shards install user/repo@version

I'd like to have the command update the shard.yml npm style but I can't decide on the best approach for that - any thoughts?

@ysbaddaden
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@ysbaddaden ysbaddaden commented May 29, 2016

Thanks for spending time on this, and dissecting shards internals!

Write shard.yml

This is a problem: Bower and NPM always reformat the JSON file. I hate that a script changes my formatting or reorders my file as it pleases. Outputting YAML is also trickier than JSON.

Supporting resolvers

Shards isn't GitHub centric and doesn't have to be Git centric at all. user/repo can refer to GitHub, GitLab or Bitbucket or anything else. We'd then need resolver:user/repo and have as many methods in the install command, but it shouldn't have to know anything about resolvers. Maybe delegate to each resolver? but resolvers are already complex enough. And what about the base Git resolver?

I don't think such a tiny helper for adding a dependency every once in a while is worth all that complexity.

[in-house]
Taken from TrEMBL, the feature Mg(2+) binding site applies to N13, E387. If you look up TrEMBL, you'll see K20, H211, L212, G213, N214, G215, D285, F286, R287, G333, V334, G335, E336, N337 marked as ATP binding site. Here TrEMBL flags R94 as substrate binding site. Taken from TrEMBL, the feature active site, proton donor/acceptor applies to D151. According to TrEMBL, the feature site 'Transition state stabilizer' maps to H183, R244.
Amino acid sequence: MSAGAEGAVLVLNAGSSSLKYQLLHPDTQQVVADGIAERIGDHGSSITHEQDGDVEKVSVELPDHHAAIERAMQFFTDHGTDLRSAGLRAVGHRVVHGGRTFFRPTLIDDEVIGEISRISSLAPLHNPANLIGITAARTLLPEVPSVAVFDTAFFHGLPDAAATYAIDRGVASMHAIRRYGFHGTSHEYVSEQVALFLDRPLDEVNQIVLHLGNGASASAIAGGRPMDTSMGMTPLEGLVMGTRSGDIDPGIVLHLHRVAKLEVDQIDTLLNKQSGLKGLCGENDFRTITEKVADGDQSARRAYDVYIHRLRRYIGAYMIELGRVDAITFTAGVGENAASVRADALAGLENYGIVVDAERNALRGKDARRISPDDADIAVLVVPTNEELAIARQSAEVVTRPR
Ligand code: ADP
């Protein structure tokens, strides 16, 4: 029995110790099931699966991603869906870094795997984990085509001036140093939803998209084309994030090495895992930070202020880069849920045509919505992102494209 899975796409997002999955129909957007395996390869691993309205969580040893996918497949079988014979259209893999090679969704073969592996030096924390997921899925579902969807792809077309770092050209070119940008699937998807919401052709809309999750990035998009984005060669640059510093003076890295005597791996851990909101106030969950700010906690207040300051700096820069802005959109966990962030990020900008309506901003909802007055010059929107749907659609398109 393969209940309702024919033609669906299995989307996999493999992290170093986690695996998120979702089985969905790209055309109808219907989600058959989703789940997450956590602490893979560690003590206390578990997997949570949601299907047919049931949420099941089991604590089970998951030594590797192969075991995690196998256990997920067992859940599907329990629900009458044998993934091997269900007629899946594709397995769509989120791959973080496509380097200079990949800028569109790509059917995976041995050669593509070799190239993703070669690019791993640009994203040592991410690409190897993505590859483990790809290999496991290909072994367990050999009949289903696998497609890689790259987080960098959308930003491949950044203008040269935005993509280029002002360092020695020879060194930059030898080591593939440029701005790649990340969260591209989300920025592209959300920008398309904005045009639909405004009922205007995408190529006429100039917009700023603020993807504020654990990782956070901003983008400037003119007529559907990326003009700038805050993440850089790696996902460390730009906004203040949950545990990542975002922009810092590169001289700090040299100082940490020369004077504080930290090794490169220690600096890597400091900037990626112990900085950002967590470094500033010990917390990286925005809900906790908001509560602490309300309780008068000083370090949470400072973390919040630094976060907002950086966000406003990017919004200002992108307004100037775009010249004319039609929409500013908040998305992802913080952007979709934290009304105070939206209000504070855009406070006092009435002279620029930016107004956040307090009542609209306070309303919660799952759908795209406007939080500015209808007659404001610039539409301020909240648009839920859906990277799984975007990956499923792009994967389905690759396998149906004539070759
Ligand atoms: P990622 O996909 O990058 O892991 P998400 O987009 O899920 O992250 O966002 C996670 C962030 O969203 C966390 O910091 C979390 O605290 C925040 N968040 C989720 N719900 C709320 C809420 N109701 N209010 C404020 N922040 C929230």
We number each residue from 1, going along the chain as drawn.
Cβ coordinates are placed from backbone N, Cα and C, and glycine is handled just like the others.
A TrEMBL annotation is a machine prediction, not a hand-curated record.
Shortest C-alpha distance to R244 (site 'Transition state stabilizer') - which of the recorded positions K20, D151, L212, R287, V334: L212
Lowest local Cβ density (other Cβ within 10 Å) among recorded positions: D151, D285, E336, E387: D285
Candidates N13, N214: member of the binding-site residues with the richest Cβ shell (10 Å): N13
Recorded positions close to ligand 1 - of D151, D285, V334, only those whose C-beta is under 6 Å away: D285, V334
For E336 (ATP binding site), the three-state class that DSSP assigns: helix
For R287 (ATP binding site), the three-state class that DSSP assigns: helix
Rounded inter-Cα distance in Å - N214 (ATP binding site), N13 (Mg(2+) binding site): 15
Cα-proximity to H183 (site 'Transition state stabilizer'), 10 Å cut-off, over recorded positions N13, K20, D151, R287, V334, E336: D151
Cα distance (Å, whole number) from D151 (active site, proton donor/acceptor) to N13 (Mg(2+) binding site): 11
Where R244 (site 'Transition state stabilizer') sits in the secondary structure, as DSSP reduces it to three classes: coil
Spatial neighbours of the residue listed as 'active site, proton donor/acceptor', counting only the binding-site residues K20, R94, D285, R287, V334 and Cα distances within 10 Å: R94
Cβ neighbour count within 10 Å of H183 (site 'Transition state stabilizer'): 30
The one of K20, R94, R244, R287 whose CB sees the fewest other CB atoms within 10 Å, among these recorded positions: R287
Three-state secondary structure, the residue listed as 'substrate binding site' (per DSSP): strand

@ysbaddaden
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@ysbaddaden ysbaddaden commented May 29, 2016

To be completely honest: I never use this feature in any package manager and usually think it's more harmful than useful, and creates unrequited complexity.

This is my sole opinion on this. If I used this feature I would happily implement and maintain it. The problem is that I don't, and I don't want to support and maintain this feature...

@tommoor
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@tommoor tommoor commented May 29, 2016

I hope you won't let your personal usage patterns get in the way of a potentially useful feature for the rest of the community... 😄

I'm absolutely happy to build it in such a way that resolvers are supported without adding complexity to the resolver classes themselves and it won't rearrange your yml file (although personally, I don't think that the yml file contents should be in the same order in every project!).

A couple of good reasons to include this that I can see:

  • Pretty much every other package manager has this, it's expected functionality by newcomers and this aligns strongly with Crystals goal of being easy to use (even in this thread there is a lot of support).
  • It makes installation instructions simpler and verbally communicable (Just look at pretty much any npm module's README)